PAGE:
5 out of 10
Release Date: 3rd November 2014 (DVD Premiere)
Cast: Julian Ovenden, Chris Reilly, Matt Willis, Edmund Kingsley, Leon Vickers, Emmanuelle Bouaziz, David Sterne, Paul Ridley, Mark Moraghan, Felix Auer with Frank Leboeuf and Steven Hartley
Writer: Jeremy Sheldon & Dominic Burns
Allies’ film director Dominic Burns is getting better at his job. After one horror, one rom-com, one thriller and one sci-fi – he’s certainly not one for getting genre bound. He’s applied his talents to the ‘Dad Special’, yes that’s right the WW2 ‘men on a mission’ film. For decades our Sunday afternoons have been littered with films like this and Allies at least makes the grade enough to rub shoulders with inauthentic fare like Kelly’s Heroes and Where Eagles’ Dare. Taking a few pages out of the Sean Bean / Danny Dyer vehicle The Age of Heroes playbook from a few years ago, Allies springs very few surprises, but it is solid. Solidity is exactly what Burns and his merry men seem to be aiming for here though and why try to be flash when your audience is this easy to identify and probably please.
It’s August 1944, four British soldiers (CHRIS REILLY, MATT WILLIS, EDMUND KINGSLEY, LEON VICKERS) are sent behind enemy lines in France to steal some important maps from the Germans. They are led by an American (JULIAN OVENDEN – DOWNTON ABBEY) who has to prove his worth to the already established unit. It soon becomes apparent that our American hero is a good man, so tensions are quickly dismissed in exchange for a bunch of face-offs with the faceless Nazis and also a bizarre meeting with real-life footballer Frank Leboeuf (WHAT’S THE SCORE?) as a French Resistance hero. As our heroes are whittled down in a series of predictably deadly scenarios we soon learn that some of the strongest friendships can be forged under the most harrowing circumstances.
Allies’ action sequences hold up well and have the requisite grit yet, (perhaps obviously) compared to the recent Hollywood WW2 entry Fury this is still small fry. It tries it’s hardest to be a real film though and it succeeds when the plot is put on hold for some welcome ballistically bolstered bombast. Elsewhere the actors wrestle with thin parts and some occasionally ropey writing and plotting, but somehow come away with their collective dignity intact. Only TV actor Steven Hartley (THE BILL) suffers with a weird American accent, whereas the ‘also’ English Julian Ovenden does a better job with his interpretation. Two of the four Brits on the mission are despatched without building back-story or characters beyond serious Yorkshire man and eager kid – Burns needn’t have named these two characters beyond their joint fates.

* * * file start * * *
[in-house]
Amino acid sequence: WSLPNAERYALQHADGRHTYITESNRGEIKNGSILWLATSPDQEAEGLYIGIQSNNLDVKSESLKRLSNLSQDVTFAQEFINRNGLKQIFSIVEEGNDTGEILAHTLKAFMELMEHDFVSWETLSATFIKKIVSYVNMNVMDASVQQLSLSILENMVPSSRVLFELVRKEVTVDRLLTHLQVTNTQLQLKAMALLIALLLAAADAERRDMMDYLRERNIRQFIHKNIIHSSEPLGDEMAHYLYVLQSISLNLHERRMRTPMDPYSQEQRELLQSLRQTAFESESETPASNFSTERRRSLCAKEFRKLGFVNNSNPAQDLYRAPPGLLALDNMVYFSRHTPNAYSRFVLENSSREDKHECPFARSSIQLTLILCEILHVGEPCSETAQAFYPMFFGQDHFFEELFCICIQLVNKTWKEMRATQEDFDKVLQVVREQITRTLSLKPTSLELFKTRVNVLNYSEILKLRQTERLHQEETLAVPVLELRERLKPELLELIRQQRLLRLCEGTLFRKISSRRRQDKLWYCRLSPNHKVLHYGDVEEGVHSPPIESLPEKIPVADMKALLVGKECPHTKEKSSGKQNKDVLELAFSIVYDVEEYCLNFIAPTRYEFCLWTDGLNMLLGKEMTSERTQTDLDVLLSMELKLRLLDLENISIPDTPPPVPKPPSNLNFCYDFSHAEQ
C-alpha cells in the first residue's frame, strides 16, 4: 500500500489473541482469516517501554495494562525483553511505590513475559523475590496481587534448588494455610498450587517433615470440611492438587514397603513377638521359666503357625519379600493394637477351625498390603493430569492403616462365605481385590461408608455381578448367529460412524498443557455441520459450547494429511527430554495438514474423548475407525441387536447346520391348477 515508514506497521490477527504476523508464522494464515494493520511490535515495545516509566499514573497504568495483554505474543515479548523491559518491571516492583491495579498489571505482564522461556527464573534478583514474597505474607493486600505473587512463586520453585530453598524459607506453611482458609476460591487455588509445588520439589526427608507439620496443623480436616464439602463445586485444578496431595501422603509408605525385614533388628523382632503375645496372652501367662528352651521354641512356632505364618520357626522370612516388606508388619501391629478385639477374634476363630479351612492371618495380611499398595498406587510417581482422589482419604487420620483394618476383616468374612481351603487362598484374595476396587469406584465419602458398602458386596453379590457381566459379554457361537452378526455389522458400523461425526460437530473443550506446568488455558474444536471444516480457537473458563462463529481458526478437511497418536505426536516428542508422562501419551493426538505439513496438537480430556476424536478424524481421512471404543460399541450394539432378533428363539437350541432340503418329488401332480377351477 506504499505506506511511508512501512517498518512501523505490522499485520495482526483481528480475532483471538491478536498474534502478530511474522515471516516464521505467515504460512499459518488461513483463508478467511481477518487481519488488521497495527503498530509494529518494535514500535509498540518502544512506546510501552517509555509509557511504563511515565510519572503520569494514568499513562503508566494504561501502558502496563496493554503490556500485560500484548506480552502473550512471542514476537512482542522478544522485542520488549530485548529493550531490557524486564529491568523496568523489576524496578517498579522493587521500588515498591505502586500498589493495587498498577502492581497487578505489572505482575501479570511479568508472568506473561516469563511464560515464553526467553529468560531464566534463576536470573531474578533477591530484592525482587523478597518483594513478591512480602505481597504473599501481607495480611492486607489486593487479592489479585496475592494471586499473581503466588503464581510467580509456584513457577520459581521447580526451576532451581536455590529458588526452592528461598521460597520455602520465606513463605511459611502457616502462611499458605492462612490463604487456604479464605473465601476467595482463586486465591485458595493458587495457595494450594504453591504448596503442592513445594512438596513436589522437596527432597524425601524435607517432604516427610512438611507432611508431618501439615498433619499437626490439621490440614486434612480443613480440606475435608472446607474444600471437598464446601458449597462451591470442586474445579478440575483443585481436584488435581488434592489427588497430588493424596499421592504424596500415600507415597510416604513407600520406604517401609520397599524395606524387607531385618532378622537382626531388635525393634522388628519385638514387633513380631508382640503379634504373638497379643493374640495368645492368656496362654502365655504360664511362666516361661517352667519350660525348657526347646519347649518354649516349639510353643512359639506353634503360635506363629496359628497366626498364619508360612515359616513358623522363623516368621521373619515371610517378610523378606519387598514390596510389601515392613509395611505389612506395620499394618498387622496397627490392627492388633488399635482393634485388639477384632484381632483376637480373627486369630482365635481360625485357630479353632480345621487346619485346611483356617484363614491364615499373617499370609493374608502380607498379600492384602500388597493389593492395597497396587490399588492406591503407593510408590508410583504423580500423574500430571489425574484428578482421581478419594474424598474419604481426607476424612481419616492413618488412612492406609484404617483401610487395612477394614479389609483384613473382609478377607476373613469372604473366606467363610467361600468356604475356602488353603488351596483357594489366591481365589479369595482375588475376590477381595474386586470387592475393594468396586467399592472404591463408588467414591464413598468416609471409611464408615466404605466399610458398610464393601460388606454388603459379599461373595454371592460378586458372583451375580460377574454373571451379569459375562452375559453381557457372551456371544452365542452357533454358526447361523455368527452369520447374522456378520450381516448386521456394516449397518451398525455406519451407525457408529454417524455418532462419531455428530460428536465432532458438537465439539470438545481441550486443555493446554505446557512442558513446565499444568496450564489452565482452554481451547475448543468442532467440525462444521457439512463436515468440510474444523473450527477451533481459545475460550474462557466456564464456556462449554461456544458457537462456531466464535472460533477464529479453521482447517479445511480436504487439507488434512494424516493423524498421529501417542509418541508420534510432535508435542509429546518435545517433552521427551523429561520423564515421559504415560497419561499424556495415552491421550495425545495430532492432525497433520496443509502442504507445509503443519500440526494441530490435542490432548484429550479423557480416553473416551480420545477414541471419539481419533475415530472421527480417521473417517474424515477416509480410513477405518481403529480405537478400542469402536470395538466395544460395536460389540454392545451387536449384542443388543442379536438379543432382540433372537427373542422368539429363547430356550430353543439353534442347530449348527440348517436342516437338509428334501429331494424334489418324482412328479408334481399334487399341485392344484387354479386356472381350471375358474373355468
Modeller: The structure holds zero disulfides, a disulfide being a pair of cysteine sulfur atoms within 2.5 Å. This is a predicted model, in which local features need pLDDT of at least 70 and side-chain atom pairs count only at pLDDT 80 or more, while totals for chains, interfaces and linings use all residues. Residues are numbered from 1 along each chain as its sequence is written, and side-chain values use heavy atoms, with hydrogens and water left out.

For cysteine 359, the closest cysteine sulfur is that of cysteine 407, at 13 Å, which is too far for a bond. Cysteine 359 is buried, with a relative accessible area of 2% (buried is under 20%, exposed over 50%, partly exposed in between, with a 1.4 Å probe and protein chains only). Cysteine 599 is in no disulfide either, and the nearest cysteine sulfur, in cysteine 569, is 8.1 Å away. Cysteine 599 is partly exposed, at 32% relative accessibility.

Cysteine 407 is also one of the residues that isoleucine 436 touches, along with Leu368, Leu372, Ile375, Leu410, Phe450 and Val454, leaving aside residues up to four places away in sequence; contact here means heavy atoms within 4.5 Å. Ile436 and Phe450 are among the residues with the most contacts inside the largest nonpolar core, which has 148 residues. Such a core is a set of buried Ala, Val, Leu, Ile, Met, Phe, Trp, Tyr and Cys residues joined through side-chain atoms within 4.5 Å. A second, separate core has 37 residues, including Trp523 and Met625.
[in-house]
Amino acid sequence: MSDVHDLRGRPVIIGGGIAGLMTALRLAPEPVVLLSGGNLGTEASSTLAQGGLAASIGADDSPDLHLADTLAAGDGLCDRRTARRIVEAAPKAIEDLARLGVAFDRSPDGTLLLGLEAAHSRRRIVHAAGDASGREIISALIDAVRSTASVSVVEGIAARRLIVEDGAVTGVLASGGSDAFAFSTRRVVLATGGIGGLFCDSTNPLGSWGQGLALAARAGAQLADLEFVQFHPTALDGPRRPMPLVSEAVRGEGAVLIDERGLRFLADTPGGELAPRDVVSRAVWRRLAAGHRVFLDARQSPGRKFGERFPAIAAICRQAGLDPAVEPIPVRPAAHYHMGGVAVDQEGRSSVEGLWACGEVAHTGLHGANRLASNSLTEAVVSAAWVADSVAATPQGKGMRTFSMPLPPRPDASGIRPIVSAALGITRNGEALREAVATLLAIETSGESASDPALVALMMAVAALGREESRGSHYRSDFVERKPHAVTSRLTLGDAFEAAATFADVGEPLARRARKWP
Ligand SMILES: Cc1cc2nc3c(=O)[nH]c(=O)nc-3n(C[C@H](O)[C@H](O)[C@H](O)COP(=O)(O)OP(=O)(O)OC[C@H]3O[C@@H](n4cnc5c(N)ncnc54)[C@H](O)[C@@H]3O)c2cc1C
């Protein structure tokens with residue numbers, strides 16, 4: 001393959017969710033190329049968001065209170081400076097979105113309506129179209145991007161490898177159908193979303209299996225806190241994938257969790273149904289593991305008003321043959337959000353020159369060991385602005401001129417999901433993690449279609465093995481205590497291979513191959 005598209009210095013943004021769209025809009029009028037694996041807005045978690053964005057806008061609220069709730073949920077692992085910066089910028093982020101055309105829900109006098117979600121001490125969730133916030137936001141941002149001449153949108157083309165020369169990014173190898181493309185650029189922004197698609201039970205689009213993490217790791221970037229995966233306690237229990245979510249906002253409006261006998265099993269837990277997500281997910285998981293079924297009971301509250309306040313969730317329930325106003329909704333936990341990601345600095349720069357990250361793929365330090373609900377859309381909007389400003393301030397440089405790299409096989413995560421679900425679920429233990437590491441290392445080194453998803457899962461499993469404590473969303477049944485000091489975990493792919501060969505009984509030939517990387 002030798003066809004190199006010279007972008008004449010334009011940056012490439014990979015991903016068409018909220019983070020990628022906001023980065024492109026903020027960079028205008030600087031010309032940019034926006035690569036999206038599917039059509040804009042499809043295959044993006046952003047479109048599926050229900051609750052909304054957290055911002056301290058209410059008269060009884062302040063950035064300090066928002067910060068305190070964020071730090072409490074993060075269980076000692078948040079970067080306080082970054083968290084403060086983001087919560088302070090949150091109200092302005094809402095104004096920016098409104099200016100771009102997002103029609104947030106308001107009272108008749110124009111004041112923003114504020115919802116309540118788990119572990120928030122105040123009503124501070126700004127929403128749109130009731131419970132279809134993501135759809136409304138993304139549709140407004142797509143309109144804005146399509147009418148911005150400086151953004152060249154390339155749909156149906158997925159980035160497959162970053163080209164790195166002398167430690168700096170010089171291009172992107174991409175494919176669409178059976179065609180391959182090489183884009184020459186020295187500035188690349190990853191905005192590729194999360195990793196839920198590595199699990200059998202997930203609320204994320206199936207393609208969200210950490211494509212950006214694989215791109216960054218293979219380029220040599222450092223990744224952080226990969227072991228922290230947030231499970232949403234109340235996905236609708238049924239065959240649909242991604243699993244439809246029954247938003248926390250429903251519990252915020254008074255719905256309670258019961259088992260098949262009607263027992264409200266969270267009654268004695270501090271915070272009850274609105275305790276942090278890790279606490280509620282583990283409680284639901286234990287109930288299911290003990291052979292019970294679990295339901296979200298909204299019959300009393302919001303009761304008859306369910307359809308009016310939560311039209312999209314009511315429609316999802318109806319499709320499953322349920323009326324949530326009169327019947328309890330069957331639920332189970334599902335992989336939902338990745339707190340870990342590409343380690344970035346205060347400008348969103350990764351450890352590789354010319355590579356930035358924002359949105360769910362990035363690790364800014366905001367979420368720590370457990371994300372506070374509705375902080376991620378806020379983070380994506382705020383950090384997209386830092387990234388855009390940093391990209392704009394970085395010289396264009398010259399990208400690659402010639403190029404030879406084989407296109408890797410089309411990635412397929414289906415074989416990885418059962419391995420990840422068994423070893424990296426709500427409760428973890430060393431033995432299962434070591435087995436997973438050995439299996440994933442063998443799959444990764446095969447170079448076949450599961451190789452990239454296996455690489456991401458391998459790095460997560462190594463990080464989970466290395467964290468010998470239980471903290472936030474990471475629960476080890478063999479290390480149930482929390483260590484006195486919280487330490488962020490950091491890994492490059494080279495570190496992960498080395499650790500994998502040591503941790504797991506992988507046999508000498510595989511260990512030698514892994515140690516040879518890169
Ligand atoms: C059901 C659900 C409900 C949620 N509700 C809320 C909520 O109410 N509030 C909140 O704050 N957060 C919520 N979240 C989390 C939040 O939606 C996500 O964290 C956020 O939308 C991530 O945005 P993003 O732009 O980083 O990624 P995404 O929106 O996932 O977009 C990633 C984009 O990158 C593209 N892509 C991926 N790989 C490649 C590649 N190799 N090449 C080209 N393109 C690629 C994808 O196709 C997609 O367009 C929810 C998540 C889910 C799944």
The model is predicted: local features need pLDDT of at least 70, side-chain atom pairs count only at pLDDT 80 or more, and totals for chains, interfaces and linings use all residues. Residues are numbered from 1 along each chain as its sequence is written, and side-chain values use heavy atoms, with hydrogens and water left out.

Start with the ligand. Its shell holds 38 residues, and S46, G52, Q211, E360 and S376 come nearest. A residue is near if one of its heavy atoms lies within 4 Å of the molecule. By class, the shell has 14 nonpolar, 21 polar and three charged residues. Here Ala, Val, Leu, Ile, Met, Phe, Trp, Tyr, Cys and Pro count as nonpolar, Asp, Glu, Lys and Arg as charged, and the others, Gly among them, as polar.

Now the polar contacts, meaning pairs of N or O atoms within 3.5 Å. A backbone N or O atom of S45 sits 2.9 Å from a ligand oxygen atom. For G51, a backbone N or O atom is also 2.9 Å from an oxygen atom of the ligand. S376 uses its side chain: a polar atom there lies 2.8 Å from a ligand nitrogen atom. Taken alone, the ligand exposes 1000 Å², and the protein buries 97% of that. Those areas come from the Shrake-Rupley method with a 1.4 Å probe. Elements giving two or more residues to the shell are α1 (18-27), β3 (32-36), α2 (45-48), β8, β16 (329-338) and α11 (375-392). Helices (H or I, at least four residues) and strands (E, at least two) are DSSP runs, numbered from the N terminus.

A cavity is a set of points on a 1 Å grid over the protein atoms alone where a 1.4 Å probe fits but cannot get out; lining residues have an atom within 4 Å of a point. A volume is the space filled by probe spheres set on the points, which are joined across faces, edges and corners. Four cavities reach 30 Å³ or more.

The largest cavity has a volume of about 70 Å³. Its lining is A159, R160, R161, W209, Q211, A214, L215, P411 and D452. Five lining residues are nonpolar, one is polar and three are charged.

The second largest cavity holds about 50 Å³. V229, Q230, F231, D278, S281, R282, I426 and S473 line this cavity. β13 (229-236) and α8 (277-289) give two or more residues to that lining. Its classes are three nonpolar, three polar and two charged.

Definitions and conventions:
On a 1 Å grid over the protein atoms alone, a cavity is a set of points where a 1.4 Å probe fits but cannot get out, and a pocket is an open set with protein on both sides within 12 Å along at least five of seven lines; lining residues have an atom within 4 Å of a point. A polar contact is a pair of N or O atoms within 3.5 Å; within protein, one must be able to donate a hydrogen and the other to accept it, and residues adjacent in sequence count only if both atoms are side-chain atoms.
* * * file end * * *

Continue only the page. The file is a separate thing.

Angling cynicism at a movie like this is pointless though as they’re from another era from fans of films from another era. This feels better assembled and plotted than the very similar The Ages of Heroes but it strangely suffers from the lack of star power. It’s good to see the director stretch himself with an all new cast (he’d had an established bunch of recurring actors in his previous four movies) and he’s got some committed performers here. It’s such a shame that there’s no originality or flare here. Allies certainly doesn’t look cheap – the battles, tanks, artillery and uniforms all look like the real deal it’s just it’s all so beige and predictable.
5 out of 10 – Strictly middle of the road material for Dads and Granddads who can’t get enough of their WW2 movies. Predictable yet solid, but not as memorable as the very similarly plotted The Age of Heroes.
Review below by Matt ‘No allies’ Usher
WHAT HAVE I SEEN THAT ACTOR IN BEFORE?
- Julian Ovenden: Downton Abbey (TV), First Night, Foyle’s War (TV), The Royal (TV), The Forsyte Saga (TV)
- Chris Reilly: Everest, The Devil Went Down To Islington, Doctors (TV)
- Matt Willis: Birds of a Feather (TV), Eastenders (TV)
- Edmund Kingsley: Capsule, Tomorrow (2016), The Carrier, Freddie As FRO7 (voice)
- David Sterne: Blood Moon, #Legacy, Truth or Dare
- Mark Moraghan: Holby City (TV), Brookside (TV), Harry Enfield & Chums (TV), Judge Dredd (1995), Waterfront Beat (TV)
- Frank Leboeuf: What’s The Score?, The Theory of Everything
- Steven Hartley: Doctors (TV), The Bill (TV), Rumble (TV), Christopher Columbus (1992), Split Second, Eastenders (TV)